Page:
Early in his book City of Refuge: Separatists and Utopian Town Planning, Michael J. Lewis identifies two threads in utopian thought. The mainstream tradition, he explains, seeks to achieve perfection in the known world, “liberat[ing] it from strife, want, and woe.” The second, more pessimistic, takes as a given “that squalor and discord are the natural state of baffled human existence.” Accepting that reform is an impossibility, those of the latter camp withdraw instead “to distant sanctuaries” (10) where they will be left alone to pursue their ideals.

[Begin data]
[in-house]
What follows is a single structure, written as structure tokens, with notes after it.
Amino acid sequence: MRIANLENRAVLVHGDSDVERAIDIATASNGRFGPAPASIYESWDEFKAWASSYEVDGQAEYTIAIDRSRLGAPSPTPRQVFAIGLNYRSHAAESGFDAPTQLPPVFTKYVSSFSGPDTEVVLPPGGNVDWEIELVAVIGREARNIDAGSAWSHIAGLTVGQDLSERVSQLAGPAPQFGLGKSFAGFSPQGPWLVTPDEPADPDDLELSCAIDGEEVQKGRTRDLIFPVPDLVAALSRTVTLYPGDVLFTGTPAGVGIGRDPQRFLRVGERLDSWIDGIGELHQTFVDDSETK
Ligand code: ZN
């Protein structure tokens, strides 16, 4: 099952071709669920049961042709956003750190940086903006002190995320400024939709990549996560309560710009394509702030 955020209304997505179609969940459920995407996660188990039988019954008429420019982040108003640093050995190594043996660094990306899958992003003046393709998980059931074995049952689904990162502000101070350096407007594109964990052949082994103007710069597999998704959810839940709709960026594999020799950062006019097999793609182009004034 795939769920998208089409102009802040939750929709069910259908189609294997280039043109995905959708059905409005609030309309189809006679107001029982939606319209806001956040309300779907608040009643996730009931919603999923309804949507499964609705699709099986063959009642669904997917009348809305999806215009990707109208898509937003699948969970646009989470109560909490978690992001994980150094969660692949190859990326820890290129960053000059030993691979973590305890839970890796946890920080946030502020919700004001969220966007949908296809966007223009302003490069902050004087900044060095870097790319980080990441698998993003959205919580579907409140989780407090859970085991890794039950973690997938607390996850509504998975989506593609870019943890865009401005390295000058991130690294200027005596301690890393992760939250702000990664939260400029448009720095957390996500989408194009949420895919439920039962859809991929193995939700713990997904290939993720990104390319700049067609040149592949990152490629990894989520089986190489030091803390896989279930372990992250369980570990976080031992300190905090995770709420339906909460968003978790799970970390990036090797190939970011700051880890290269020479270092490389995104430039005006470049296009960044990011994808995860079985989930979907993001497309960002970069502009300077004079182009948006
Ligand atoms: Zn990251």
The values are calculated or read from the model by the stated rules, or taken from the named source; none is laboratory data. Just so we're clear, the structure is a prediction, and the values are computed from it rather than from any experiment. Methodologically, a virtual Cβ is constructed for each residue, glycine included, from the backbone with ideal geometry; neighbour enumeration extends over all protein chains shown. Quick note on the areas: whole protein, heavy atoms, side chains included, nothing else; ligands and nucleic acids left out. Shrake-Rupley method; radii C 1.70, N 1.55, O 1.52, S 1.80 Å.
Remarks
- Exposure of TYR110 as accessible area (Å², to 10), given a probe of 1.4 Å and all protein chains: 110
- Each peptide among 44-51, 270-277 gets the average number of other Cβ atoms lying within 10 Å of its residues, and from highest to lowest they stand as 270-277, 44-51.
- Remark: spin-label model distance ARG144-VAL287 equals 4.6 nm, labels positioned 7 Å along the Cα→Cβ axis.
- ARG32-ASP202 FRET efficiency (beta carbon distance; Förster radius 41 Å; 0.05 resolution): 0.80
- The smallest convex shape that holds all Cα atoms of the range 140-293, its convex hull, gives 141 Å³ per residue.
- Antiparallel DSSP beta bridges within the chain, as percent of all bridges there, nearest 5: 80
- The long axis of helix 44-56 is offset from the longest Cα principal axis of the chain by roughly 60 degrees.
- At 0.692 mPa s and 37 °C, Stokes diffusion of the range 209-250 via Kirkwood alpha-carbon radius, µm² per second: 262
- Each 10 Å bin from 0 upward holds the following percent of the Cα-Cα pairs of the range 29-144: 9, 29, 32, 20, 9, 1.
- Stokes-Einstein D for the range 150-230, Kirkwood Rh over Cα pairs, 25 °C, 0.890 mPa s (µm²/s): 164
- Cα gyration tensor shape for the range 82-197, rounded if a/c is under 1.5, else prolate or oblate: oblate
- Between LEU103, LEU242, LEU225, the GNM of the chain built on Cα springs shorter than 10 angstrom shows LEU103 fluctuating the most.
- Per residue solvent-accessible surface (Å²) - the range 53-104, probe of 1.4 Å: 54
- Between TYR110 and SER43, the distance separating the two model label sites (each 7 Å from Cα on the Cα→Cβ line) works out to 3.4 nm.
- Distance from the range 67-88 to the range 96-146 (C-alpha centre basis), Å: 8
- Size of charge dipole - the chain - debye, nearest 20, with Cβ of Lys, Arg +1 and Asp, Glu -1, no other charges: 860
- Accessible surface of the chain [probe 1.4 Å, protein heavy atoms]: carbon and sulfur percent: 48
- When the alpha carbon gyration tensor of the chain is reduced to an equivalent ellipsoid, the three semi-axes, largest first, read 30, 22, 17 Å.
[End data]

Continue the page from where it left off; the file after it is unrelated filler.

One might be forgiven for thinking of the present in reading these words, in these months in which—at least for readers from the United States—the refrain, “I’m moving to Canada,” has been oft heard. Yet Lewis explores this as a tradition with very deep roots extending to the first years of the early modern period and beyond, and one often pursued with great urgency, amidst successive waves of religious persecution, harassment, and violence. For those establishing isolated sanctuaries in the Old World or, increasingly, in the lands on the other side of the Atlantic Ocean, relocation—whether elective or forced—was a tool for survival. And the construction of new settlements was a means of endurance. As Lewis explains over eight engagingly written and beautifully illustrated chapters, architecture and urban planning were fundamental to the construction of what Lewis calls “cities of refuge” and, crucially, to the ideas those cities and towns represented for their inhabitants. If born in isolation, however, their influence was anything but isolated. Cities of refuge, an idea invented thousands of years ago, articulated in the Bible, recreated amidst the Renaissance, and then perfected in the early American republic, would shape the modern world that followed. If established by separatist religious sects in many cases, their reverberations would nevertheless extend far beyond religious settlements.